Using India as a case, this Asia Business Council briefing looks at how the use of digital technology by the government and private sector is helping to change society, largely for the better. It explores how digital technology has enabled more people to access government benefits and expand economic opportunities in ways that were elusive even a decade ago. Cheap broadband, cheap storage space, the cloud, and widespread availability of smartphones present new opportunities for greater inclusiveness of growth. In India, because of deregulation and hyper-competition among telecom operators, data is almost free. The adoption of 5G cellular (trials of which will be conducted in late 2019), with its greatly enhanced network speed and capability for data transmission, has the potential to amplify these benefits.

The research highlights areas where India’s digital strategy has enabled government and private sector solutions to reach poorer people, who historically have been largely shut out from the benefits of globalization. The foundational technology that acts as a key driver of this change is Aadhaar, India’s biometric-based digital identification system, which has received almost universal adoption by India’s 1.3 billion citizens, and India Stack, a complementary set of enabling technologies. Through Aadhaar, India has enabled people to verify their identity in order to access basic services including receiving government benefits, opening bank accounts, and applying for loans. India’s relatively open markets and India Stack’s open application programming interface (API) allow private companies to write software for the system and leverage its capabilities.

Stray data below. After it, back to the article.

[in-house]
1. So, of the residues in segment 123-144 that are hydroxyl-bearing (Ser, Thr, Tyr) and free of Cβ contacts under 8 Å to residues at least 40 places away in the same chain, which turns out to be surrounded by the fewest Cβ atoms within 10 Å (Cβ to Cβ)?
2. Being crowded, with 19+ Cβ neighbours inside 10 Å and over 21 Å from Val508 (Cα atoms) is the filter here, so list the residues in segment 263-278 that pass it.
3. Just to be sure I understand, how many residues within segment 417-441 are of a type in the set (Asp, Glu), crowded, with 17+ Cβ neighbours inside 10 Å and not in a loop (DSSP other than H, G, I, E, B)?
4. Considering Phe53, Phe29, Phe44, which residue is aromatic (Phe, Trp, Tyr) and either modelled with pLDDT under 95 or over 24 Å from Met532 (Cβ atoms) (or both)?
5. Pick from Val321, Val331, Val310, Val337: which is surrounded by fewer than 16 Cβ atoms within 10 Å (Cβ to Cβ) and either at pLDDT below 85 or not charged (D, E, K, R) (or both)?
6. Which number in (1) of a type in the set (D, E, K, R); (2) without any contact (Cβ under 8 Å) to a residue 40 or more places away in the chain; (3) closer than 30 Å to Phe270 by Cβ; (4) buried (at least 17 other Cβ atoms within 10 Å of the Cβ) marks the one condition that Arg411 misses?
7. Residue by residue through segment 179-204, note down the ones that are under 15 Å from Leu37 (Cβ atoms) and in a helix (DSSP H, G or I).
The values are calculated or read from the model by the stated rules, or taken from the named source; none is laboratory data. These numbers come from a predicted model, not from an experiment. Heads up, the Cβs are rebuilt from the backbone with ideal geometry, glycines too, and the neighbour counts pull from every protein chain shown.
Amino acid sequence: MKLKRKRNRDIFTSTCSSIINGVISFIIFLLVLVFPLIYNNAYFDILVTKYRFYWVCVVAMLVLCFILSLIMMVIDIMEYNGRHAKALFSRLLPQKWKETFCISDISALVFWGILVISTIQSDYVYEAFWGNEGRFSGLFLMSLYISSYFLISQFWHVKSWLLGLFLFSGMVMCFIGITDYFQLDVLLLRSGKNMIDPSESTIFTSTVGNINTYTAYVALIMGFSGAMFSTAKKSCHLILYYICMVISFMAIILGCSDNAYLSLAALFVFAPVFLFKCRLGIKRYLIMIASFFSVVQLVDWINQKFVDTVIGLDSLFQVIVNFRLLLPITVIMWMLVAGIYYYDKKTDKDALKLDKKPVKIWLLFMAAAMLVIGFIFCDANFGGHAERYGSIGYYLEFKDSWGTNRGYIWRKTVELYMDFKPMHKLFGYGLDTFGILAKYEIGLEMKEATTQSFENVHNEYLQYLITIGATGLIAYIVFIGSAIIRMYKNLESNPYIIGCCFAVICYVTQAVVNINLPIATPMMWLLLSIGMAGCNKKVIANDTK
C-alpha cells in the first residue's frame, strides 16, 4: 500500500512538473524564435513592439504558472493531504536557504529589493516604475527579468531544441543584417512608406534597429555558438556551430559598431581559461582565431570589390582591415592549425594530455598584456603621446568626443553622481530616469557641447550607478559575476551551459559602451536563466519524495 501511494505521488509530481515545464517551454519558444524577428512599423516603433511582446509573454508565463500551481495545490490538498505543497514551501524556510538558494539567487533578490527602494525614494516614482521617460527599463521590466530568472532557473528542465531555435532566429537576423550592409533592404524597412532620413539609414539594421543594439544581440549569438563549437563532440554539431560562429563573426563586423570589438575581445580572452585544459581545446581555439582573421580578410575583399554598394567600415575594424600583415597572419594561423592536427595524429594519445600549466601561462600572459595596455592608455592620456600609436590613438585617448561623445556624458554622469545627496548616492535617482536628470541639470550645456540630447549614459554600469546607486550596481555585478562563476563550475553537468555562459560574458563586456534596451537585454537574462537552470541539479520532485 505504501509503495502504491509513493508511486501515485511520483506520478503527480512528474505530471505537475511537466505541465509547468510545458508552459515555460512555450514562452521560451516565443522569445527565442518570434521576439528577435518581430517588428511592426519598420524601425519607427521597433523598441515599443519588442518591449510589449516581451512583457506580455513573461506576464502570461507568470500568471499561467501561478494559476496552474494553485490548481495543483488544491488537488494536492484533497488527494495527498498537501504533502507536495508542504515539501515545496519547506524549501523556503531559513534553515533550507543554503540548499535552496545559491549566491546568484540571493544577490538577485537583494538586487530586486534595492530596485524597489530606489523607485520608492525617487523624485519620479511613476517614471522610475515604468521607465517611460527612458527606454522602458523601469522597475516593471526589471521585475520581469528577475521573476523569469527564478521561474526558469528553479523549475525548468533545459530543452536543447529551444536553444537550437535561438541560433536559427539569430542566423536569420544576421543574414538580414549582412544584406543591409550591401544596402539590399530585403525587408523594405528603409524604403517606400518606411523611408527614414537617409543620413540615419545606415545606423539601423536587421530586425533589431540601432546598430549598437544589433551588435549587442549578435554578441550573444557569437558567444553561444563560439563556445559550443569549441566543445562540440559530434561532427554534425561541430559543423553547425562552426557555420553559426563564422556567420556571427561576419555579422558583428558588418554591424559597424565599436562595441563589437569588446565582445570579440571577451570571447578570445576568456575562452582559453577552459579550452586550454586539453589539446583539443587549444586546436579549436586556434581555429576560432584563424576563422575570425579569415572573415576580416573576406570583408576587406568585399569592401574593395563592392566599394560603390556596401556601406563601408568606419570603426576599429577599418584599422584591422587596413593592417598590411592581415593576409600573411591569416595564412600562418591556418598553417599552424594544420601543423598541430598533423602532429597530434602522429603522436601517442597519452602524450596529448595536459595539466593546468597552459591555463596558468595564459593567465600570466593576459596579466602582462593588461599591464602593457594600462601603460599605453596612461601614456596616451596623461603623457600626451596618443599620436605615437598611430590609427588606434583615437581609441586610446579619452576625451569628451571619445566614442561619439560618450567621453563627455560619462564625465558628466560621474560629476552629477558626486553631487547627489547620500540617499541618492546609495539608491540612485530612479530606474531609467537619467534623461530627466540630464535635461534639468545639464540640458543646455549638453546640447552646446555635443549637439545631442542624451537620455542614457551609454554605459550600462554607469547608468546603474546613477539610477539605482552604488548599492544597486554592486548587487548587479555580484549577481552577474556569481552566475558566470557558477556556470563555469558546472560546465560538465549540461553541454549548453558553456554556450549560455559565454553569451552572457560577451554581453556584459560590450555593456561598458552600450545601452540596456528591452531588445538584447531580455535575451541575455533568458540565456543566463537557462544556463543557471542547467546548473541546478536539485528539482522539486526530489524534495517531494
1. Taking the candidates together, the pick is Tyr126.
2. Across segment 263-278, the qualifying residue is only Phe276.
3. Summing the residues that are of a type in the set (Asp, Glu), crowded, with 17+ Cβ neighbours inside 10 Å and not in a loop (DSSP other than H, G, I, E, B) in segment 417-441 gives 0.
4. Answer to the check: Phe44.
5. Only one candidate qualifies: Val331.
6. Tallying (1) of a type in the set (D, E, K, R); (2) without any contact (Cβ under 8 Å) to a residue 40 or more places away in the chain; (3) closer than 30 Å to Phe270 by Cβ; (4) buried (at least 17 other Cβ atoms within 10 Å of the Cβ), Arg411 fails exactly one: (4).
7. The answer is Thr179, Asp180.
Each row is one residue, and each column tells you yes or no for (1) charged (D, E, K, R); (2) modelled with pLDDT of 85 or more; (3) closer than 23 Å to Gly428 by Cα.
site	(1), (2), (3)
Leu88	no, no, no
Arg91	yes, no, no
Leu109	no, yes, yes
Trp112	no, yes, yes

Digital technology has enabled broader populations to participate in the economy in other sectors as well. In agriculture, which employs about half of India’s population, farmers are able to use precision agriculture applications to better manage their harvests and prepare for extreme weather. Digital marketplaces help them exercise more control over how they market and sell their crops. In education, technology-enabled platforms are helping to deliver a wide variety of curricula to broader populations and lessons tailored to varied student needs. And new methods help students and current workers prepare for an increasingly technology-driven economy. In healthcare, technology could narrow the urban-rural divide in quality and availability of care, ensuring more accurate and efficient diagnoses. In some cases, as this briefing shows, hybrid models emerge that combine high- and low-tech approaches, as with delivery of medical care in rural areas.

By putting in place forward-thinking technology infrastructure and harnessing the power of digital technology, India has set the stage for continued improvement in economic and social well-being and at the same time opened new markets for various sectors.